IV. It shows we are insensible of the vanity of the creature, when we are so loath to hear or think of a removal. We call the world our enemy, and groan under our sore bondage; but either we speak not as we think, or else we imagine some singular happiness in the possession of worldly things, for which all this should be endured. Is any man loath to leave his prison, or to remove his dwelling from his cruel enemies, or to escape the hands of murderous robbers? Do we, indeed, take the world for our prison, and yet are we loath to leave it? Do we take this flesh as a veil that is drawn between us and God, and yet are we loath to lay it down? Does the sailor long to see the land, and the traveller to reach his home, and the soldier to win the field, and art thou loath to see thy labours finished, and to receive the heavenly inheritance? O unworthy soul! which had rather dwell in this land of darkness, and wander in this barren wil
derness, than dwell in heaven, the land of light, and peace, and joy.
V. It shows the hypocrisy of our hearts when we are so loath to die. We profess that there awaits us 66 a far more exceeding and eternal weight of glory." We call God our chief good, and say, we love him above all things, and yet notwithstanding this, we fly from him. Would you have any man believe you, when you call the Lord your only hope, and talk of the joy that is in his presence, and yet would endure the hardest life rather than die and go into his presence? What self-contradiction is this, to talk so hardly of the world and flesh, to groan and complain of sin and suffering, and yet to fear no day more than that which we expect will bring our final freedom!
VI. Consider how we wrong the Lord and his promises, and disgrace his ways in the eyes of the world, as if we would persuade them to question, whether God be true to his word or not, and whether there be any such glory as the Scripture promises, when they see those who profess to live by faith, so loath to leave their hold of present things. How does it make the weak stagger, and confirm the world in their unbelief and sensuality! O how are we ever able to repair the wrong which we do to God and poor souls by this inconsistency!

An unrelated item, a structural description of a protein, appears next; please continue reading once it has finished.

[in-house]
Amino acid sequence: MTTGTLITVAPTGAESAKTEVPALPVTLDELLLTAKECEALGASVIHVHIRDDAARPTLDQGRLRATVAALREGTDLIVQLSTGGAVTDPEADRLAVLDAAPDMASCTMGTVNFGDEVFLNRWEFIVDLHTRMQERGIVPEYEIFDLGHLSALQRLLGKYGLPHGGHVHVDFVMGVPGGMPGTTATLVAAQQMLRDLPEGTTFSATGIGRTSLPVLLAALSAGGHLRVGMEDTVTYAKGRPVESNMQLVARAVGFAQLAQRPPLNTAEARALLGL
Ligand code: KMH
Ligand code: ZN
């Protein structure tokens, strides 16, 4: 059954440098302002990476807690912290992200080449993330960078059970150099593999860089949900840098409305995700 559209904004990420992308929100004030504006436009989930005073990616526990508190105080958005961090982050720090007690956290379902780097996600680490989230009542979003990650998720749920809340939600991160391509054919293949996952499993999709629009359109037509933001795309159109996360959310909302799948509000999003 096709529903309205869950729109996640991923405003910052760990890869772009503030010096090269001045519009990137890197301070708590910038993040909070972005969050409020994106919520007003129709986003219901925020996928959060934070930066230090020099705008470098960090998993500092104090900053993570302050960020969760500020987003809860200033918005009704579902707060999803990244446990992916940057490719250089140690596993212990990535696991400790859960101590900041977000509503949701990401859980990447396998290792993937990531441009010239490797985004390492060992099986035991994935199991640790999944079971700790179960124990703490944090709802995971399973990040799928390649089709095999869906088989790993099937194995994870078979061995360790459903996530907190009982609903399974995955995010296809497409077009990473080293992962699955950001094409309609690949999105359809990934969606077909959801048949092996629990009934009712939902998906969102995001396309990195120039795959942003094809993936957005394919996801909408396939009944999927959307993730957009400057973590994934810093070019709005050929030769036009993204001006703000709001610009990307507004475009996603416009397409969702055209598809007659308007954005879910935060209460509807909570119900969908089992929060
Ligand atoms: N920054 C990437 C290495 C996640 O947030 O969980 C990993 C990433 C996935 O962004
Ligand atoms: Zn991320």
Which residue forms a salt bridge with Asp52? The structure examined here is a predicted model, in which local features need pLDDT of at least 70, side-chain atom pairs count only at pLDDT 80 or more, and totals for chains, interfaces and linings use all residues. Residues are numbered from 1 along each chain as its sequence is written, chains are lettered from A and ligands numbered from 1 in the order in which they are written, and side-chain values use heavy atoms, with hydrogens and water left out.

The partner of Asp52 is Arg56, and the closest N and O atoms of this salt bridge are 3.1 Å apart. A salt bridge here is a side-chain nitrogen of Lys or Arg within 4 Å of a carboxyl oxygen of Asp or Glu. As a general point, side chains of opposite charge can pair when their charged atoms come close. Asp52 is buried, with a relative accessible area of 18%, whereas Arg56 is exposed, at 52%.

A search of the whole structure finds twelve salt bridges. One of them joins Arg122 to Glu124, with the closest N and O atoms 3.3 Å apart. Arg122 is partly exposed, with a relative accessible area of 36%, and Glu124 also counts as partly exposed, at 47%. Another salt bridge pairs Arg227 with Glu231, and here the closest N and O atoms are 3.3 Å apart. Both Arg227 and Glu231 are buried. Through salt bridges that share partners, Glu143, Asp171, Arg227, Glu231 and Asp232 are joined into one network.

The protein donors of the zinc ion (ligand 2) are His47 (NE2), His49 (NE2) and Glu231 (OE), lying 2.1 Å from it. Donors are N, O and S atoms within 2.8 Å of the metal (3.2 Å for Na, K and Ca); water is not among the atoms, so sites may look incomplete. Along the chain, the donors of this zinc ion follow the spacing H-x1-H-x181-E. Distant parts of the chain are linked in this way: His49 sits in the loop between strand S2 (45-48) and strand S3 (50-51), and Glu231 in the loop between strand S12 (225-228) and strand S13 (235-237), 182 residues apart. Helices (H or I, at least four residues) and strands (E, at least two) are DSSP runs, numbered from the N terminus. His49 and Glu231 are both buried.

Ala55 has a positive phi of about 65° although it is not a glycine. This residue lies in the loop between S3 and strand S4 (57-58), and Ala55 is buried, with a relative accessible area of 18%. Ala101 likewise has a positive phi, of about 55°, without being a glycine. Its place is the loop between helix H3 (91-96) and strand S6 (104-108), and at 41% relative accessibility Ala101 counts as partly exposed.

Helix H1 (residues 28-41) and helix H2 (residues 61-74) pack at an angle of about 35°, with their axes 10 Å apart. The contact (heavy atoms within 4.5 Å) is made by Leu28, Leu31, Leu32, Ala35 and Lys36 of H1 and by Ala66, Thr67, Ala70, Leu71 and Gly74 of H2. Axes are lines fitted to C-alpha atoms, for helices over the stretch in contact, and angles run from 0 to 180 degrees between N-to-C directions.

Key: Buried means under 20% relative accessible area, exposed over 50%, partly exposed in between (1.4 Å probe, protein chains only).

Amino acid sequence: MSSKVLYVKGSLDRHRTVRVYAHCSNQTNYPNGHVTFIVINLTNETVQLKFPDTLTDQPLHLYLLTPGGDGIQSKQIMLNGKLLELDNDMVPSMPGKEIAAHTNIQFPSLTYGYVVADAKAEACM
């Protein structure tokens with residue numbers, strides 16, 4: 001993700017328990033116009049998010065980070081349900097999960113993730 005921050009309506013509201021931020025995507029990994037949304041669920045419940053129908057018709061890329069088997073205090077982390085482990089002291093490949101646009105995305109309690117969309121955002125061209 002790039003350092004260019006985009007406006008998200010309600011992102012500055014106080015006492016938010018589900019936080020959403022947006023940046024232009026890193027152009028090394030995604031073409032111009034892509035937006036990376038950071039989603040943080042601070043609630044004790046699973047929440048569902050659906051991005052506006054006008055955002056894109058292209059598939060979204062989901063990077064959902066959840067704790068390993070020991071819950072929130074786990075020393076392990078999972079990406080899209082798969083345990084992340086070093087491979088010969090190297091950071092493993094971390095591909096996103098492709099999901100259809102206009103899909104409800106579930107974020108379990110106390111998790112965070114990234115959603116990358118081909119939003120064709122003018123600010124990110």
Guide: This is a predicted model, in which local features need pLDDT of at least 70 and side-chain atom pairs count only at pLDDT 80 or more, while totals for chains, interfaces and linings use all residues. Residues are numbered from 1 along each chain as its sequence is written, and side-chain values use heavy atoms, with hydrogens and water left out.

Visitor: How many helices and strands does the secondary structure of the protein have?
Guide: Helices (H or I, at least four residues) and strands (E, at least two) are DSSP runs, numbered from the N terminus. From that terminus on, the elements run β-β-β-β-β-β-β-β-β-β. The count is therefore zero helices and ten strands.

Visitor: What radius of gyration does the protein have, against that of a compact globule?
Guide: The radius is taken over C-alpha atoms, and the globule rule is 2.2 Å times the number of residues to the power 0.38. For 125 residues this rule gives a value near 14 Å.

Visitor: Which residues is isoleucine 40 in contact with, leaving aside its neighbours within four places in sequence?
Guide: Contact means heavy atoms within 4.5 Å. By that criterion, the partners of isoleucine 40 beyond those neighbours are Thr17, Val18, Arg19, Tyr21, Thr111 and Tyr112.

Lastly, it shows that we have been careless loiterers, and have spent much time to little purpose, when we are still so loath to die. Have we not had all our lifetime to prepare to die? And are we still so unready, and so unwilling? Would we have wished more frequent warnings? How often has death entered the habitations of our neighbours! How often has it knocked at our own doors! How many distempers have seized our own bodies, so that we have been forced to receive the sentence of death in ourselves; and what were all these but so many messengers sent from God to tell us we must shortly die, as if we had heard a voice speaking to us, " Delay no more, but make you ready." And are we, after all this unprepared and unwilling still?
Reasons why we should be willing to die.
Secondly, Having set before you the heinous aggravations of this sin, I will now proceed to state some further considerations which may make you willing to die.